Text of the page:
It is heartening that many leading companies are breaking the investor deadlock with compelling evidence that a business strategy that incorporates sustainability works. 80% of the CEOs surveyed believe that a “tipping point” of sustainability is embedded within the majority of companies global is possible within 10 to 15 years. Can’t be too soon!

Look for my next post on the career and personal impact of Sustainability.

“Spring Cleaning” Your Resume

Day Merrill

Spring Cleaning

Here in Canada, we launch summer with the Victoria Day “24” weekend; in the U.S., it’s Memorial Day. Either way, while it may feel like summer, it’s not official until June 21st so there’s still time for those annual cleaning projects. In addition to whatever needs attention around the house, cottage, car or boat, your resume deserves a good “spring cleaning” too.

As career coaches, we often deal with resumes when clients have a pressing need—a call from a recruiter, an unanticipated job loss, a posting too good to ignore. When we ask for a current resume to help get the process started, you’d be surprised at what we get:

  • Out-of-date resumes missing information about the current/most recent employer and job.
  • “New grad” resumes from mid-career professionals with years-old education cited first.
  • Multipage documents that have never been edited—just added to over the years.

If any of these sound like your resume, here are some tips that can help you create a current, level appropriate document that accurately represents who you are today‒ and where you’re headed:

  1. You need a career objective, but your resume doesn’t. No one is interested that your goal is “A role with a progressive firm where I can grow and develop.” Job seekers get hired to meet specific needs and solve particular problems. After a Header that provides your coordinates, begin your resume with a Profile that describes succinctly what you’re known for and in what functions and industries. Consider a list of Core Competencies as well; some employers start there and don’t go any further if they don’t see something that speaks to them.
  2. A resume is your primary self-marketing document, not just an employment history. Too many clients give far too much “real estate” to describing in lengthy detail all the duties and responsibilities of every job they’ve ever held. Instead, give the key facts: organization name and location, brief description if it's not a household name and the dates you were employed (years only). State your title and a brief description of the role: reporting relationship, span of control, mandate.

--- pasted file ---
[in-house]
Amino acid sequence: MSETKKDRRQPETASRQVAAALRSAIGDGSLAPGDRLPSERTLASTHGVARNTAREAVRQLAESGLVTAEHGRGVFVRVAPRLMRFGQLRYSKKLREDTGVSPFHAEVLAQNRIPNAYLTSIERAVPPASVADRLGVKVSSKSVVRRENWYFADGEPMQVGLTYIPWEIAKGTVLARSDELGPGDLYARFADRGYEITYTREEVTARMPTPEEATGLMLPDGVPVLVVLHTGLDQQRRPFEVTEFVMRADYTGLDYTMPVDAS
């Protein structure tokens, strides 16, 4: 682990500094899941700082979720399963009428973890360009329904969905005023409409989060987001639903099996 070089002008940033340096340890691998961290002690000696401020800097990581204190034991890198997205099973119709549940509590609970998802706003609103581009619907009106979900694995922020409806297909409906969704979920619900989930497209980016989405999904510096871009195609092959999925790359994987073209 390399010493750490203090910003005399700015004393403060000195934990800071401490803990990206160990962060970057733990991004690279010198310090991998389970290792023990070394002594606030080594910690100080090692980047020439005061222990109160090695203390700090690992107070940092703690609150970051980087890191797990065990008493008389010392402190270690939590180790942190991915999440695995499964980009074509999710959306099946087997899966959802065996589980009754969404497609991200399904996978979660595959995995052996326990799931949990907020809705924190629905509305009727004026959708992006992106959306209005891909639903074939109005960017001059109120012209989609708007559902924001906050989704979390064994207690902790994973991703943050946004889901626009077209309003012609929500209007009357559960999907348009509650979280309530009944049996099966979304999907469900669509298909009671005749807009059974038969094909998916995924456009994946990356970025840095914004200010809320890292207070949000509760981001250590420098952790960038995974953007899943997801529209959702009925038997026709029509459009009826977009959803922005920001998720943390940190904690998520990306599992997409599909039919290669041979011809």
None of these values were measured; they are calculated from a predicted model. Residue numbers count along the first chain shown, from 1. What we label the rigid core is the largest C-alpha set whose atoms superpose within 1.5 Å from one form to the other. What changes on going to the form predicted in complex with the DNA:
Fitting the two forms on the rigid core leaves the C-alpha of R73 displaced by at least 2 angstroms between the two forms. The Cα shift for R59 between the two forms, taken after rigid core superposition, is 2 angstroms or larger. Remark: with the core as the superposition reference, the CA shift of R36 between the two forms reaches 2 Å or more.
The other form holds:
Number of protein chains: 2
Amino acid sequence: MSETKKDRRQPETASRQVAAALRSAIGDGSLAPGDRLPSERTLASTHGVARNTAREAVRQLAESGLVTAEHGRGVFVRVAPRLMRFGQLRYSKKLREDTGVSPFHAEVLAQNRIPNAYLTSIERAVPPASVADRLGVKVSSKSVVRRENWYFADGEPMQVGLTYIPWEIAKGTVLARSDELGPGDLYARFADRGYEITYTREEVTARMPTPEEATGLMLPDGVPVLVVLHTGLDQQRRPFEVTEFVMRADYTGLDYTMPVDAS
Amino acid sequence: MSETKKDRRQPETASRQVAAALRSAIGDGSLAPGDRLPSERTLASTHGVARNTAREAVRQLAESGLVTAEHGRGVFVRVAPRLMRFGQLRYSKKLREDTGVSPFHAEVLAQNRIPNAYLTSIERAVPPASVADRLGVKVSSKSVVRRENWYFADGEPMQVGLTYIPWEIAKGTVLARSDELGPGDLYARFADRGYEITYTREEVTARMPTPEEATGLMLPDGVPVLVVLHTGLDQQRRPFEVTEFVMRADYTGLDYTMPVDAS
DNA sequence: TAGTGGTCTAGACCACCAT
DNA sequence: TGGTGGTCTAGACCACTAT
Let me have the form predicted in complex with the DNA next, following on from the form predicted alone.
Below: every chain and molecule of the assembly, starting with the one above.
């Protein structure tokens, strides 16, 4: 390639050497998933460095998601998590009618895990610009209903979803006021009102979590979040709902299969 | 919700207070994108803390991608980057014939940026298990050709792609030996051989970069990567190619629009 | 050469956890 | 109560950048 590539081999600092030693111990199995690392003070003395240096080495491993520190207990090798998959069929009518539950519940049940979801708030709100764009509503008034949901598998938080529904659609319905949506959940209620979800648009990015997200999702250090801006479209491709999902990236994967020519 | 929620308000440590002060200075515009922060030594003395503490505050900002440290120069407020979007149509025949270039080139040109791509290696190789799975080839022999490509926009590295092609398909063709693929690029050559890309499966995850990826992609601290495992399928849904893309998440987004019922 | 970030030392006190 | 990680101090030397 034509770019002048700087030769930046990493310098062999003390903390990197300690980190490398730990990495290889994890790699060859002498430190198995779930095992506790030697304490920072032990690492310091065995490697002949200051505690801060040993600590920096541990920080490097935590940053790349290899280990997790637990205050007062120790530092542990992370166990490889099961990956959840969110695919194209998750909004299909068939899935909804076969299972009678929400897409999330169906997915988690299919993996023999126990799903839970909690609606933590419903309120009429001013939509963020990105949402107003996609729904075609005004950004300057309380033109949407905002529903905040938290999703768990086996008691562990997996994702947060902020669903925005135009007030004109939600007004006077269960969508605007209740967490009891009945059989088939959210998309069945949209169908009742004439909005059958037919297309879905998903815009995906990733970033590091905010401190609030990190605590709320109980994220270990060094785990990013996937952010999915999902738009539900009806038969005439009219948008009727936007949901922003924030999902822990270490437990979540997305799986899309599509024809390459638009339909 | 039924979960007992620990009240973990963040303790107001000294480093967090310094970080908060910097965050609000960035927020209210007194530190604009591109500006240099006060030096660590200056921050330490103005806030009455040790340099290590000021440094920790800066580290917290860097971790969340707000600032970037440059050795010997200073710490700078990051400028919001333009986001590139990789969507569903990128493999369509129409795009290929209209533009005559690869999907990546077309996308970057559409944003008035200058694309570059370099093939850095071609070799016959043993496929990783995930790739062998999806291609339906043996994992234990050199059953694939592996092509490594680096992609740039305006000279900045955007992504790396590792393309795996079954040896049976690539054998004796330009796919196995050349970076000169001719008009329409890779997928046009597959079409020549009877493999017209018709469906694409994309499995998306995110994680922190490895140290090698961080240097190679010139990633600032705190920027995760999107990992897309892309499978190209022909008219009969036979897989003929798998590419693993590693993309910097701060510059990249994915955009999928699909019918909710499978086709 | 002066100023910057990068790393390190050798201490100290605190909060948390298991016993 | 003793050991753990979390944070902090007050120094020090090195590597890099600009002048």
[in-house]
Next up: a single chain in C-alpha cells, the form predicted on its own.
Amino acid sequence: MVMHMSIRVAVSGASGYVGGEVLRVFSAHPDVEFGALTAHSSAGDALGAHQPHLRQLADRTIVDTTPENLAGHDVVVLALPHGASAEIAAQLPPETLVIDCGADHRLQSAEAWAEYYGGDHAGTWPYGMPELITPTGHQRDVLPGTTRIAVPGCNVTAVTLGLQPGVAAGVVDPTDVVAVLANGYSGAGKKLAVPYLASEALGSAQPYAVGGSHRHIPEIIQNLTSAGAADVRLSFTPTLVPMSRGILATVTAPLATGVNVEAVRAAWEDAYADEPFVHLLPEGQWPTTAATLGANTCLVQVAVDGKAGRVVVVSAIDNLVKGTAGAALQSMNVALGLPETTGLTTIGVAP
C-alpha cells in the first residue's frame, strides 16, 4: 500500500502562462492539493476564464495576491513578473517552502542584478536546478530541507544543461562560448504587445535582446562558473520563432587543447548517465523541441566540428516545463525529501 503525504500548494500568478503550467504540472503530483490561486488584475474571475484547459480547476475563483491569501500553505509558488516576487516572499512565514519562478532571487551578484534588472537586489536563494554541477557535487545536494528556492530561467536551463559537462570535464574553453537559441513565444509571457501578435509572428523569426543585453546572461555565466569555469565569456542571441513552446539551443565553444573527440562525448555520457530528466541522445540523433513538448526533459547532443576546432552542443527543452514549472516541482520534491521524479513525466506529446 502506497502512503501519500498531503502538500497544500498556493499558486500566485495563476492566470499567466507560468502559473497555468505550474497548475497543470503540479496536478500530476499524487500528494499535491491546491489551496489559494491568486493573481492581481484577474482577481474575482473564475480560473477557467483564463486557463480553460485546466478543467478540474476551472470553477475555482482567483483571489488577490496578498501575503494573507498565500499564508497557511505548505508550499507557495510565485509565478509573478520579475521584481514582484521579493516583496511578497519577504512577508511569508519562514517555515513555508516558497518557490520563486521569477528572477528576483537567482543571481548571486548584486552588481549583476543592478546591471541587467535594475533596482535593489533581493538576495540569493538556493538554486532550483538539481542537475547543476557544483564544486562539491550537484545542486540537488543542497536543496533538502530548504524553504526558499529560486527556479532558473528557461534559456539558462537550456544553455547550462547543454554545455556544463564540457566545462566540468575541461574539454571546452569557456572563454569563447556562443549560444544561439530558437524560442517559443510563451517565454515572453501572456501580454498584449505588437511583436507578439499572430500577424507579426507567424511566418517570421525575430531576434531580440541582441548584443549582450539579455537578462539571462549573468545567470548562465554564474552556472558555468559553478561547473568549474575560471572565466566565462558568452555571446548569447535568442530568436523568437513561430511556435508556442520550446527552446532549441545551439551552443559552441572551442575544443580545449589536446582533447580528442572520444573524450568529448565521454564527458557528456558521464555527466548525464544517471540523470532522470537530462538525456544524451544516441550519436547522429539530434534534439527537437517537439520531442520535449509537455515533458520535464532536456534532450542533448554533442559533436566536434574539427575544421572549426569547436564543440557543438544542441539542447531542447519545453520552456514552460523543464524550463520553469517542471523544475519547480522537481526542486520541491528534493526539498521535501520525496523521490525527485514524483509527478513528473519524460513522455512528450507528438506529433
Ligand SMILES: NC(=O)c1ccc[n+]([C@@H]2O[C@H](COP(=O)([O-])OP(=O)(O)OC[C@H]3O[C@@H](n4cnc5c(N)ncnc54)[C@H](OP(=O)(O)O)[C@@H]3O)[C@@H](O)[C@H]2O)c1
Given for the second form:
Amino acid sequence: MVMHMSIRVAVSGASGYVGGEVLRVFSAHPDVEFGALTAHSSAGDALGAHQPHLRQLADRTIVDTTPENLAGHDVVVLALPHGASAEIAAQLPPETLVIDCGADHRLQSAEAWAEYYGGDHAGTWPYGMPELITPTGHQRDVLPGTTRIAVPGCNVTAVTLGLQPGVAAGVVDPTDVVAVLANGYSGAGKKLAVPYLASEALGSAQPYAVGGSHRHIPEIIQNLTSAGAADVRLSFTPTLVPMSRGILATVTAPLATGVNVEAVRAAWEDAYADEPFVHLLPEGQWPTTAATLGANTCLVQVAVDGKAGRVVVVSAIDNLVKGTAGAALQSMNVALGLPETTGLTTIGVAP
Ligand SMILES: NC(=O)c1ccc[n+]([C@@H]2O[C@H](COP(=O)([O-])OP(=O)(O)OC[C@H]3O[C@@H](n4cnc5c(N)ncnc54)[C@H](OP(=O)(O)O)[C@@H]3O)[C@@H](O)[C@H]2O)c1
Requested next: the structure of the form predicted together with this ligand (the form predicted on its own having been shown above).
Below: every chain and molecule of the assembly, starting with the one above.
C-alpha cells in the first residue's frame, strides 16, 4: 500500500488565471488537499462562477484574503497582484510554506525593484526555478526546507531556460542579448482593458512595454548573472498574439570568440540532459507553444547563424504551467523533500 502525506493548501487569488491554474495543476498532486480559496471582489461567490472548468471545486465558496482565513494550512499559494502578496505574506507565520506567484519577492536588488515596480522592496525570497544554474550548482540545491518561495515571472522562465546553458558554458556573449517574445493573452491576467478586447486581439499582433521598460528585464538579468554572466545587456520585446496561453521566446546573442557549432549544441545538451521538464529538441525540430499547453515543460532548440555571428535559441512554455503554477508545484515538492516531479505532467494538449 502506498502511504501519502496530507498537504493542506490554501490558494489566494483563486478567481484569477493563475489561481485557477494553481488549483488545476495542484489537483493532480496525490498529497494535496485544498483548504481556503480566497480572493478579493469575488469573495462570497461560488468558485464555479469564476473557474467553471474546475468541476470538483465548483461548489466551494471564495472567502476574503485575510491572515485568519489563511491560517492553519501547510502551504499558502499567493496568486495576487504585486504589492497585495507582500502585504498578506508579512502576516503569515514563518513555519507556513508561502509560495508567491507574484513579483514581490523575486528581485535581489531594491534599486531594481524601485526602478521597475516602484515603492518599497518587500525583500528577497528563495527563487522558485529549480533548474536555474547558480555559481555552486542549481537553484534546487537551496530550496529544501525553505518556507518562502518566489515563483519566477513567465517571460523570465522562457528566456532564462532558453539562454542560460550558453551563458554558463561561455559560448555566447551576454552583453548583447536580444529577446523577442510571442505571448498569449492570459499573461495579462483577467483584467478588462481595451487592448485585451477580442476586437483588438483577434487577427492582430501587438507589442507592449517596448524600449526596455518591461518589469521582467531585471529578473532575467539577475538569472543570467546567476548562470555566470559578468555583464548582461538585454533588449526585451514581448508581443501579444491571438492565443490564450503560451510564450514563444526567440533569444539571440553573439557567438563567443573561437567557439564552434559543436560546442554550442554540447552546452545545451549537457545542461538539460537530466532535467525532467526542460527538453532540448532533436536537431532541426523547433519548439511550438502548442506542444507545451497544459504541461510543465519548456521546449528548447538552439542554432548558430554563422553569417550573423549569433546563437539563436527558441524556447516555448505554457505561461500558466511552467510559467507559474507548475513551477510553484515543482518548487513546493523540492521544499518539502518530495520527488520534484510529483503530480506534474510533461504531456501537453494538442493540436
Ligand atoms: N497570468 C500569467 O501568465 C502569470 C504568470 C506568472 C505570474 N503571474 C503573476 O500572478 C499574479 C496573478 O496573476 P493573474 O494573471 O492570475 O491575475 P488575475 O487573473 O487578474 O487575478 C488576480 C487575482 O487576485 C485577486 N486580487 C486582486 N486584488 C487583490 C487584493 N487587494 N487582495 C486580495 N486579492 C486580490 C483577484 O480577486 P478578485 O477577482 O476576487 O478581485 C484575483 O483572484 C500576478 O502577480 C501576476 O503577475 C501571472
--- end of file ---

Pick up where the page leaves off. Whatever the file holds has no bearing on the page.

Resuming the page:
3. Don’t confuse activities with accomplishments. The bullet points on your resume are the prime "real estate" so make sure there’s compelling content in each. That means focusing on what you accomplished v. what you were responsible for or spent time on. Start each bullet with a powerful action verb and use #, $ and % to quantify your results (as well as draw the reader’s attention to eye-catching symbols and numerals.
  4. Taper off. The further back you go, the fewer details you should give about each job. If you discover that the work you want to emphasize is related to several jobs ago, consider a combined functional/chronological format that presents relevant accomplishments up front followed by your employment history.
  5. Be selective when it comes to Education & Professional Development (which goes after Experience in a mid-career professional resume) State degrees earned, but not every course, seminar or workshop you’ve ever taken. The same goes for designations and certifications. If it’s relevant to your future include it; otherwise, save the space.
  6. Keep it professional. Activities and personal interests are mostly distractors (except in some smaller markets where showing community involvement is a plus). So unless there’s a link to your career goals (e.g., someone wanting to shift from sales to finance as Treasurer for a non-profit), leave it off. You can always discuss hobbies and interests in the interview, plus employers are skeptical about hiring someone with too much “extra-curricular” activity.